# Chapter 3 Growth of Functions

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Chapter 3 Growth of Functions
CS 253: Algorithms Chapter 3 Growth of Functions Credit: Dr. George Bebis

Analysis of Algorithms
Goal: To analyze and compare algorithms in terms of running time and memory requirements (i.e. time and space complexity) In other words, how does the running time and space requirements change as we increase the input size n ? (sometimes we are also interested in the coding complexity) Input size (number of elements in the input) size of an array or a matrix # of bits in the binary representation of the input vertices and/or edges in a graph, etc.

Types of Analysis Worst case Best case Average case
Provides an upper bound on running time An absolute guarantee that the algorithm would not run longer, no matter what the inputs are Best case Provides a lower bound on running time Input is the one for which the algorithm runs the fastest Average case Provides a prediction about the running time Assumes that the input is random Lower Bound ≤ Running Time ≤ Upper Bound

Computing the Running Time
Measure the execution time ? Not a good idea ! It varies for different microprocessors! Count the number of statements executed? Yes, but you need to be very careful! High-level programming languages have statements which require a large number of low-level machine language instructions to execute (a function of the input size n). For example, a subroutine call can not be counted as one statement; it needs to be analyzed separately Associate a "cost" with each statement. Find the "total cost“ by multiplying the cost with the total number of times each statement is executed.  (we have seen examples before)

Example Algorithm X Cost sum = 0; c1 for(i=0; i<N; i++) c2
for(j=0; j<N; j++) c3 sum += arrY[i][j]; c4 Total Cost = c1 + c2 * (N+1) + c3 * N * (N+1) + c4 * N2

Asymptotic Analysis To compare two algorithms with running times f(n) and g(n), we need a rough measure that characterizes how fast each function grows with respect to n In other words, we are interested in how they behave asymptotically (i.e. for large n) (called rate of growth) Big O notation: asymptotic “less than” or “at most”: f(n)=O(g(n)) implies: f(n) “≤” g(n)  notation: asymptotic “greater than” or “at least”: f(n)=  (g(n)) implies: f(n) “≥” g(n)  notation: asymptotic “equality” or “exactly”: f(n)=  (g(n)) implies: f(n) “=” g(n)

Big-O Notation We say fA(n) = 7n is order n, or O (n) It is, at most, roughly proportional to n. fB(n) = 3n2+5n +4 is order n2, or O(n2). It is, at most, roughly proportional to n2. In general, any O(n2) function is faster- growing than any O(n) function. fA(n) Increasing n  fB(n) Function value 

More Examples … n4 + 100n2 + 10n + 50  O(n4) 10n3 + 2n2  O(n3)
constants 10 is O(1) is O(1) what is the rate of growth for Algorithm X studied earlier (in Big O notation)? Total Time = c1 + c2*(N+1) + c2 * N*(N+1) + c3*N2 If c1, c2, c3 , and c4 are constants then Total Time = O(N2)

Definition of Big O O-notation

Big-O example, graphically
Note that 30n+8 is O(n). Can you find a c and n0 which can be used in the formal definition of Big O ? You can easily see that 30n+8 isn’t less than n anywhere (n>0). But it is less than 31n everywhere to the right of n=8. So, one possible (c , n0) pair that can be used in the formal definition: c = 31, n0 = 8 cn =31n 30n+8 Function value  n n0=8 n  30n+8  O(n)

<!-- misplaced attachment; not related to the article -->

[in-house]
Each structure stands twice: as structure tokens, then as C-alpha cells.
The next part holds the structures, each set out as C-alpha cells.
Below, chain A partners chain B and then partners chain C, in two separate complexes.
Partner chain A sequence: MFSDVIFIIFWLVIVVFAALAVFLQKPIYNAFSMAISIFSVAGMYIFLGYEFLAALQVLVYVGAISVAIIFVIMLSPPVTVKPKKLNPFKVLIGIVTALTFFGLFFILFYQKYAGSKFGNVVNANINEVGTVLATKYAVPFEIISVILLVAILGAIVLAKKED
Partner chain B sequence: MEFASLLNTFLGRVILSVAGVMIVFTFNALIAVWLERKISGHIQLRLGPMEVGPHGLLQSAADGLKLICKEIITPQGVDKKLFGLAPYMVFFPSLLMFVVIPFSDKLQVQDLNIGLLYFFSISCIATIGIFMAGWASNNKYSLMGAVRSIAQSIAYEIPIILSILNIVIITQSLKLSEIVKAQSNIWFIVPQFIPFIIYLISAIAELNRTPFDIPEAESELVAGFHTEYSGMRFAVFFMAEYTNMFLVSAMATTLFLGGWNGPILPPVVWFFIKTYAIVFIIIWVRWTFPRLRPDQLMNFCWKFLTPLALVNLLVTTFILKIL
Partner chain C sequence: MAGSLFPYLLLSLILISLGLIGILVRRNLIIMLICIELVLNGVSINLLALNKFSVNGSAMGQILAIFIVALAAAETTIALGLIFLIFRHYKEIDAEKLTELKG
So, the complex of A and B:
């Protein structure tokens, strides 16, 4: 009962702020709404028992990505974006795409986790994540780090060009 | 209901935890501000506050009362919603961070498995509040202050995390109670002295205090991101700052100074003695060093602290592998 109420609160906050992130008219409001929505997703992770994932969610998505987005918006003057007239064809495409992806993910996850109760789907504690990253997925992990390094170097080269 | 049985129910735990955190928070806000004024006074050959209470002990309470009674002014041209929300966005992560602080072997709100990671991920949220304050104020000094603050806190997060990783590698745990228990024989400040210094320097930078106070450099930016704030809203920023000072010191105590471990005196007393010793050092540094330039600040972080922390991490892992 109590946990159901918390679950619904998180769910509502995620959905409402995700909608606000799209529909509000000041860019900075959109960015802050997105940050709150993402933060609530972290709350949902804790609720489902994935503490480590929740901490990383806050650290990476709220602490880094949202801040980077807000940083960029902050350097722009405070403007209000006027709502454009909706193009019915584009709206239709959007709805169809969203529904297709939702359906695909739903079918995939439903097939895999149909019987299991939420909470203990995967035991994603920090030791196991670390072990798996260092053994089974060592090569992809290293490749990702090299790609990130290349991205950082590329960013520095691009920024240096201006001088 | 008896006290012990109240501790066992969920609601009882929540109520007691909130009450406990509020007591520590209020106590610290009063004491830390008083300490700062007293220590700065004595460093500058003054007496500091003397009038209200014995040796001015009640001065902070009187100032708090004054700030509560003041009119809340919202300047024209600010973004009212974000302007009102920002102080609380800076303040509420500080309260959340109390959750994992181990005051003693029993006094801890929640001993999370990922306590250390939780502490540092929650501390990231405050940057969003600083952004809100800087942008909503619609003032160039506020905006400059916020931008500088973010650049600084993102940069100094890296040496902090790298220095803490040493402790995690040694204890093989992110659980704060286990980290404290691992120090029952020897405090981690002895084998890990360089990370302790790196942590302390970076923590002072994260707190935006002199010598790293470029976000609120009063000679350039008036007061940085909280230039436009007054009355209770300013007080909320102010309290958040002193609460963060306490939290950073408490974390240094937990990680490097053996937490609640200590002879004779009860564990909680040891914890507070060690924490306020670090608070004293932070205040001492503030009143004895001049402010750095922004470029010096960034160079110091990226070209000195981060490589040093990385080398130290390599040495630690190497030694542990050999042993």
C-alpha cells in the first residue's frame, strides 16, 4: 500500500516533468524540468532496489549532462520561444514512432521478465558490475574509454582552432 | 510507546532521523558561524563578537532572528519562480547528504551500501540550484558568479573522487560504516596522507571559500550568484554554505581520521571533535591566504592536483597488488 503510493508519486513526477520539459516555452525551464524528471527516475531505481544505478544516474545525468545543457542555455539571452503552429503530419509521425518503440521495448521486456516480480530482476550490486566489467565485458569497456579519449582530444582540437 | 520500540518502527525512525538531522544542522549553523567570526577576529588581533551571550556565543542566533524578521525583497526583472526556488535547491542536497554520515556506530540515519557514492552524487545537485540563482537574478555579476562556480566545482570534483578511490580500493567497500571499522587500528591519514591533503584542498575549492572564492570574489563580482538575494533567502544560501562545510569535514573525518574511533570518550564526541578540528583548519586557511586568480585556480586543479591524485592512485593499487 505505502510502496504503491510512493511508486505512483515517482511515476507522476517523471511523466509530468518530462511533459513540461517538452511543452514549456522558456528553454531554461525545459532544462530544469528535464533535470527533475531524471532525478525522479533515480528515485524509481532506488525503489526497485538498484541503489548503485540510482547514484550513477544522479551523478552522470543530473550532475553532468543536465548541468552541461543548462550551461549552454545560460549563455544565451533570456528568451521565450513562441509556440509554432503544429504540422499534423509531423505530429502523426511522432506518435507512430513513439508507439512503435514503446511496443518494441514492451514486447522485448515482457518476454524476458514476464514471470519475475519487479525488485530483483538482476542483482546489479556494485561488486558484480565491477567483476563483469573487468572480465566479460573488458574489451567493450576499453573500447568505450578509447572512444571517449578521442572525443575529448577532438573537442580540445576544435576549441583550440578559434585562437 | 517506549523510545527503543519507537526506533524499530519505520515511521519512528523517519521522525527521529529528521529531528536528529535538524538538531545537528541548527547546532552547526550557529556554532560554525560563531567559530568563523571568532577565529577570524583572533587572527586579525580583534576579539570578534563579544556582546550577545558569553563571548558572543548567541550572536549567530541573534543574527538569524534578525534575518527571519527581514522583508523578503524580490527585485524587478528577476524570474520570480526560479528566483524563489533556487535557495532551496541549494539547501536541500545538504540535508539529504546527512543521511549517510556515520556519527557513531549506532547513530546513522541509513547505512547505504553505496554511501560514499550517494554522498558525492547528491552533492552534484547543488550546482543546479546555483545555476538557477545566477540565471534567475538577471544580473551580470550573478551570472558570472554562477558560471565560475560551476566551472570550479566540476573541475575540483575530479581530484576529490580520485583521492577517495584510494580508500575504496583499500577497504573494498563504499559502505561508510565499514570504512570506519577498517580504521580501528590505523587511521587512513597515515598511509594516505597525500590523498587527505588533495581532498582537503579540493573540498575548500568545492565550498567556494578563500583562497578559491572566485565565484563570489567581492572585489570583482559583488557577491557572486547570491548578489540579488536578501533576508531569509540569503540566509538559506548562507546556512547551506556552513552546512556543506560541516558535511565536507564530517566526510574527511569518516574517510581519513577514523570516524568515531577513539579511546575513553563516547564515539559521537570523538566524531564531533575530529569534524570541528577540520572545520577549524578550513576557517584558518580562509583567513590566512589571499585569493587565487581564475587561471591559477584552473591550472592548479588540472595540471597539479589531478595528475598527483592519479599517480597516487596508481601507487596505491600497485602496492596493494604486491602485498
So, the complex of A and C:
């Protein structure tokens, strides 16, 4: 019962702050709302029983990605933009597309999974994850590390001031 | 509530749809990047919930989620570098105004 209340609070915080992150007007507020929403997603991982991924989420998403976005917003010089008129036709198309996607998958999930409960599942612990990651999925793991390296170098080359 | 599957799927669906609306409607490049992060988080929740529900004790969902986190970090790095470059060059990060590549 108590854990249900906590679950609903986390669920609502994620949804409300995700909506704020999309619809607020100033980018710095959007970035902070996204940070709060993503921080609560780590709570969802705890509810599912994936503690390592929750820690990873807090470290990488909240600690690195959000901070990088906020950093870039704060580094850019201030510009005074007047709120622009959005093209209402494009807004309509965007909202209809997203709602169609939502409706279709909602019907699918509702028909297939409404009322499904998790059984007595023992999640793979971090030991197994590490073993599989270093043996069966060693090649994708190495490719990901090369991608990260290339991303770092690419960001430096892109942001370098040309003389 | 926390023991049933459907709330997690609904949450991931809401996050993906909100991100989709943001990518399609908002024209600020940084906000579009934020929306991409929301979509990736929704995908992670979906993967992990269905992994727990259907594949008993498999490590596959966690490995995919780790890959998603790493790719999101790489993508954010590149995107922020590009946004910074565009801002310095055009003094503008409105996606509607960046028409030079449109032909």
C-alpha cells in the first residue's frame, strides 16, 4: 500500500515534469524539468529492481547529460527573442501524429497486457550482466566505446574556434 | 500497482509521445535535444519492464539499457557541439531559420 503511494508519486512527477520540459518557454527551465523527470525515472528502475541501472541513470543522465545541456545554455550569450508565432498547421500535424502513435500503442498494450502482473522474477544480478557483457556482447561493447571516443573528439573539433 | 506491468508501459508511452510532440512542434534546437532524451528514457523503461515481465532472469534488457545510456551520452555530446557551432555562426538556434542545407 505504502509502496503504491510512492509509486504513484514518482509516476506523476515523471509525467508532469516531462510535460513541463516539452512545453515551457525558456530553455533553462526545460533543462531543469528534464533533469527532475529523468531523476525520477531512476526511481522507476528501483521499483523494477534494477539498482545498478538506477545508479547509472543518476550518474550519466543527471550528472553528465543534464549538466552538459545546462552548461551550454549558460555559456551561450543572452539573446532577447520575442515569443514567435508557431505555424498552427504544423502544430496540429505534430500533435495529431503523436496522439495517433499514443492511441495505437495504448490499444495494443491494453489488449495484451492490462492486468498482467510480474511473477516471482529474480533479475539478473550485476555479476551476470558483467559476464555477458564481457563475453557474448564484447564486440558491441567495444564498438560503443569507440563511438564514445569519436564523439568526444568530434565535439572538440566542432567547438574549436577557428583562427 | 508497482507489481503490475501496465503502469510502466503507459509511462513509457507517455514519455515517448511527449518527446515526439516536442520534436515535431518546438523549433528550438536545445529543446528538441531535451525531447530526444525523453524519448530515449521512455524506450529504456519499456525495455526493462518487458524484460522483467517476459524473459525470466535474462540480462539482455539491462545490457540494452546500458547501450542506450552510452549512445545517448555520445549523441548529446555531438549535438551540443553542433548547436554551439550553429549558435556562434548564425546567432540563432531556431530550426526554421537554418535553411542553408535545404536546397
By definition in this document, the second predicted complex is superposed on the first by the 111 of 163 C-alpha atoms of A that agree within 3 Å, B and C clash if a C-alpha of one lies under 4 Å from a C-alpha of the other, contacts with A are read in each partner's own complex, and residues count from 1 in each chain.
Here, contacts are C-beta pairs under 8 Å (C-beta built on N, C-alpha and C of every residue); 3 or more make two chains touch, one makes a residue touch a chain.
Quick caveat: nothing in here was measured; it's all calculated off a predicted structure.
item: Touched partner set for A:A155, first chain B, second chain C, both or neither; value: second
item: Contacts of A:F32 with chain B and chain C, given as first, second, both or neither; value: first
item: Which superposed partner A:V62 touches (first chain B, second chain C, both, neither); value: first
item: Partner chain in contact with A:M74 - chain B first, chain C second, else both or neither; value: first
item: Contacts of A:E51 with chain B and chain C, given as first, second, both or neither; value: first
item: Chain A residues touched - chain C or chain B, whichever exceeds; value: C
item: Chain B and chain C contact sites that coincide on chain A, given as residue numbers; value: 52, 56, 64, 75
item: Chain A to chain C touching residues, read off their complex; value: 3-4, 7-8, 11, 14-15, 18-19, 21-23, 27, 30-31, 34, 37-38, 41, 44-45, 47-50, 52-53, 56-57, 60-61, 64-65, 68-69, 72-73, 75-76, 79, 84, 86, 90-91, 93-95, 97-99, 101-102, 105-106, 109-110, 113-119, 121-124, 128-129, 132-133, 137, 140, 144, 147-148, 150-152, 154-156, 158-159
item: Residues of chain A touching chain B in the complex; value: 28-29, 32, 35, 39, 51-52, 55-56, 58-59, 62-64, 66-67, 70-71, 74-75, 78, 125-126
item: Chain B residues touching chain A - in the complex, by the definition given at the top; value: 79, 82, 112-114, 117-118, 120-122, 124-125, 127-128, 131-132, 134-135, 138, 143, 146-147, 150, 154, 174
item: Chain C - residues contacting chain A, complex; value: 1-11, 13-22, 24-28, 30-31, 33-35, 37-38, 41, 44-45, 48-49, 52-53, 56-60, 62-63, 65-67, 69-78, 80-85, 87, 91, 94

Big-O Visualization O(g(n)) is the set of functions with smaller or same order of growth as g(n)

No Uniqueness There is no unique set of values for n0 and c in proving the asymptotic bounds Prove that 100n + 5 = O(n2) (i) n + 5 ≤ 100n + n = 101n ≤ 101n2 for all n ≥ 5 You may pick n0 = 5 and c = 101 to complete the proof. (ii) 100n + 5 ≤ 100n + 5n = 105n ≤ 105n for all n ≥ 1 You may pick n0 = 1 and c = 105 to complete the proof.

Definition of  (g(n)) is the set of functions with larger or same order of growth as g(n)

Examples 5n2 = (n)  c, n0 such that: 0  cn  5n2  cn  5n2  c = 1 and n > n0=1 100n + 5 ≠ (n2)  c, n0 such that: 0  cn2  100n + 5 since 100n + 5  100n + 5n  n  1 cn2  105n  n(cn – 105)  0 Since n is positive  (cn – 105)  0  n  105/c  contradiction: n cannot be smaller than a constant n = (2n), n3 = (n2), n = (logn)

Definition of  -notation
(g(n)) is the set of functions with the same order of growth as g(n)

Examples n2/2 –n/2 = (n2) ½ n2 - ½ n ≤ ½ n2 n ≥ 0  c2= ½ ¼ n2 ≤ ½ n2 - ½ n n ≥ 2  c1= ¼ n ≠ (n2): c1 n2 ≤ n ≤ c2 n2  only holds for: n ≤ 1/c1 6n3 ≠ (n2): c1 n2 ≤ 6n3 ≤ c2 n2  only holds for: n ≤ c2 /6 n ≠ (logn): c1 logn ≤ n ≤ c2 logn  c2 ≥ n/logn,  n≥ n0 – impossible

Relations Between Different Sets
Subset relations between order-of-growth sets. RR O( f ) ( f ) • f ( f )

Common orders of magnitude

Common orders of magnitude

Logarithms and properties
In algorithm analysis we often use the notation “log n” without specifying the base Binary logarithm Natural logarithm

More Examples f(n) = log n2; g(n) = log n + 5 f(n) = n; g(n) = log n2
For each of the following pairs of functions, either f(n) is O(g(n)), f(n) is Ω(g(n)), or f(n) = Θ(g(n)). Determine which relationship is correct. f(n) = log n2; g(n) = log n + 5 f(n) = n; g(n) = log n2 f(n) = log log n; g(n) = log n f(n) = n; g(n) = log2 n f(n) = n log n + n; g(n) = log n f(n) = 10; g(n) = log 10 f(n) = 2n; g(n) = 10n2 f(n) = 2n; g(n) = 3n f(n) = (g(n)) f(n) = (g(n)) f(n) = O(g(n)) f(n) = (g(n)) f(n) = (g(n)) f(n) = (g(n)) f(n) = (g(n)) f(n) = O(g(n))

Properties Theorem: f(n) = (g(n))  f = O(g(n)) and f = (g(n))
Transitivity: f(n) = (g(n)) and g(n) = (h(n))  f(n) = (h(n)) Same for O and  Reflexivity: f(n) = (f(n)) Symmetry: f(n) = (g(n)) if and only if g(n) = (f(n)) Transpose symmetry: f(n) = O(g(n)) if and only if g(n) = (f(n))